In 2007, the Office of the Assistant Secretary for Planning and Evaluation (ASPE) of the U.S. Department of Health and Human Services (HHS) contracted with the AHIMA Foundation to perform several activities related to standardizing federally-required post-acute care (PAC) assessments to support interoperable health information exchange. A primary goal of the project was the application of health information technology (HIT) standards adopted by the Consolidated Health Informatics (CHI) Initiative to two of the assessment tools currently mandated by the Centers for Medicare and Medicaid Services (CMS) for reimbursing PAC. These instruments are:
- the Resident Assessment Instrument (RAI), including the Minimum Data Set (MDS), used in nursing facilities, and
- the Outcome and ASsessment Information Set (OASIS), used by home health agencies (HHAs).
These two instruments, along with the Inpatient Rehabilitation Facility Patient Assessment Instrument (IRF-PAI), used by CMS for payment in inpatient rehabilitation facilities (IRFs), are standard data collection tools for particular care settings, designed to collect and submit information to CMS according to the agency's electronic submission requirements. The data collected, however, are not comparable across settings, are not standardized using interoperable vocabularies in support of health information exchange, require different and sometimes proprietary formats for reporting based on care setting, and frequently do not interface with a patient’s electronic health record (EHR).
The CHI Initiative, which was transferred to the Federal Health Architecture (FHA) within the Office of the National Coordinator for Health Information Technology (ONC) in 2006, was an effort to establish messaging and vocabulary standards allowing federal agencies to exchange information efficiently and effectively in order to provide better care and lower administrative costs. CHI standards were considered for use through the public/private processes of the Healthcare Information Technology Standards Panel (HITSP), convened by the American National Standards Institute (ANSI) in 2005 under contract to HHS to administer ONC's standards harmonization initiative.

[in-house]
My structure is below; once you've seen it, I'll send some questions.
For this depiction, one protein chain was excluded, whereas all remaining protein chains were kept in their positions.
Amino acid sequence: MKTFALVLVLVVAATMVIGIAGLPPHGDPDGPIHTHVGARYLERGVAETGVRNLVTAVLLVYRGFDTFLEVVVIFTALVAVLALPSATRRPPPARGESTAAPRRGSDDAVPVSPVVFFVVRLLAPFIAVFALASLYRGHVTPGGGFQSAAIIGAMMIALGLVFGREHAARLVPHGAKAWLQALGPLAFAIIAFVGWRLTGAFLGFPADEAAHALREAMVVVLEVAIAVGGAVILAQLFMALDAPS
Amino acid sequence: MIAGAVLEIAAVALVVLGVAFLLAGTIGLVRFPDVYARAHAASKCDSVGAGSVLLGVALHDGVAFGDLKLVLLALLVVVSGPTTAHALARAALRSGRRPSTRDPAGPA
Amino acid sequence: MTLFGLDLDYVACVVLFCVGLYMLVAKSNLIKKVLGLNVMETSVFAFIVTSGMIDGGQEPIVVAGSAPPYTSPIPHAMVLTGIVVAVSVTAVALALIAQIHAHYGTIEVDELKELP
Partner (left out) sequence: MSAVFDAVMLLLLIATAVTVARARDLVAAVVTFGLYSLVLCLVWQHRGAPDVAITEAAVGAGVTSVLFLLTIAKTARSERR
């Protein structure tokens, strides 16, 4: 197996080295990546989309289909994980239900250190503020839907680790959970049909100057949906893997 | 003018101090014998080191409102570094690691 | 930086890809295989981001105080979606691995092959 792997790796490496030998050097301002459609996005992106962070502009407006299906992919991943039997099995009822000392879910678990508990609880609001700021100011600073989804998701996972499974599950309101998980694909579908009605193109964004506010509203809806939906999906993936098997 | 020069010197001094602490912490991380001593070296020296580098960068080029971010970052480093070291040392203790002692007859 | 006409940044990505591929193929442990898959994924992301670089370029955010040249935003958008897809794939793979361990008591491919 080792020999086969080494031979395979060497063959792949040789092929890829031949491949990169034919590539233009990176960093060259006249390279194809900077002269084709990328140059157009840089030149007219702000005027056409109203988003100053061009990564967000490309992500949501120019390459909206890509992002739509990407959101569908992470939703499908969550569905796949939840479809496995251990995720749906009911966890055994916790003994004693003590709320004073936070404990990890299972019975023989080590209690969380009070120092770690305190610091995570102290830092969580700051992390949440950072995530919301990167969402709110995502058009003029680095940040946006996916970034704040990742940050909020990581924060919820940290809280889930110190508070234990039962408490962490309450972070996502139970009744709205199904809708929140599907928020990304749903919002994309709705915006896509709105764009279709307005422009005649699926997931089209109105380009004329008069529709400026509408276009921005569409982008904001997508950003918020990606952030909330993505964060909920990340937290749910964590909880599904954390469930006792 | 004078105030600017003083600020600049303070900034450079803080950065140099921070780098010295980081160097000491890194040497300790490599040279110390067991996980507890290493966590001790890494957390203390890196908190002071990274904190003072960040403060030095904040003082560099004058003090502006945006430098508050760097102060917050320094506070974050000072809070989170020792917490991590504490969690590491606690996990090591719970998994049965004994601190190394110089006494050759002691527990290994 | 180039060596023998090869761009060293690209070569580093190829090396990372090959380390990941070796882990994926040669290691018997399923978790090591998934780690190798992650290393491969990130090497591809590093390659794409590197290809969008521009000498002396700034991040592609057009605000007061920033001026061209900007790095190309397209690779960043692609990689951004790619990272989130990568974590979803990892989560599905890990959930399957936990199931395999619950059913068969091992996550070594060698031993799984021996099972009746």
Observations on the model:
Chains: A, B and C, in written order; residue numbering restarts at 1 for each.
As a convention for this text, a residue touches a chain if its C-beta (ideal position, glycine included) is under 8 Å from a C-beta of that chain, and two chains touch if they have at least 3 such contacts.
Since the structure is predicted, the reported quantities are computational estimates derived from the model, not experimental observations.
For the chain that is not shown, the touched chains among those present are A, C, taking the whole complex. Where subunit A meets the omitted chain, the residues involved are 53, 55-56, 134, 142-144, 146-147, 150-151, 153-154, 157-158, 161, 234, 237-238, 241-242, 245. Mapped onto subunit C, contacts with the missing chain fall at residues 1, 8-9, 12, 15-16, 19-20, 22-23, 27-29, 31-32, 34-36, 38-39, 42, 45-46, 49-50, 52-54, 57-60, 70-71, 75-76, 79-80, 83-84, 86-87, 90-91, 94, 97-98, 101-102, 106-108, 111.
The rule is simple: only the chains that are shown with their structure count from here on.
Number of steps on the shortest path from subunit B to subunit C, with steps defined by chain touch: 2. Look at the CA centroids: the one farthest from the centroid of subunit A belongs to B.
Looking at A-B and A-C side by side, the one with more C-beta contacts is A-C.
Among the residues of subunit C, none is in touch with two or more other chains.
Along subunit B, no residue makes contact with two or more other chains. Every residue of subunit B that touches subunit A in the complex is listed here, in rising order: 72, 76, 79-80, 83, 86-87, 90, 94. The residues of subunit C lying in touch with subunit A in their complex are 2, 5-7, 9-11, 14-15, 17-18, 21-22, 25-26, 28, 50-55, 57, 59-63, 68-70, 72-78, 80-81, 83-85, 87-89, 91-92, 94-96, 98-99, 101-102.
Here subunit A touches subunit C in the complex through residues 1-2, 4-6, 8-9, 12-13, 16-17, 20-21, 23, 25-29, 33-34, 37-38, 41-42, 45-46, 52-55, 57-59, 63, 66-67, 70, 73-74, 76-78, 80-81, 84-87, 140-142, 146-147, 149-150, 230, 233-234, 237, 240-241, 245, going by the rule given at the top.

In 2006, the CHI recommended for adoption, across the federal health enterprise, HIT standards defining requirements for exchanging and reusing standardized, federally-required patient/client assessments for functioning and disability. These recommended standards were subsequently approved by the National Committee on Vital and Health Statistics (NCVHS) and the Secretary of the HHS, and forwarded to ONC. The adoption of the CHI-endorsed standards for disability and patient assessment (along with ones for allergy and multi-media) in federal HIT systems was announced in a Federal Register notice published in late 2007.a
The purpose of the specific project task addressed in this report was to explore the intellectual property (IP) issues associated with the three assessment tools mandated by CMS for PAC reimbursement, investigate the implications of disseminating CHI-standardized MDS, OASIS and IRF-PAI assessment data sets, and develop recommendations for the future dissemination of HIT-encoded instruments.
IP issues with respect to these three assessment instruments vary as to the degree of restriction placed on the use of the data sets and tools within them. All three data sets were initially created with the aid of grant or contract money from the U.S. government. The developers of these data sets claim, or have in the past claimed, some ownership in the assessment instruments. Although work created under grant from or contract with the U.S. government can be copyrighted by the award recipient, government agencies generally reserve the right to use the work for government business, and to authorize others to do so.b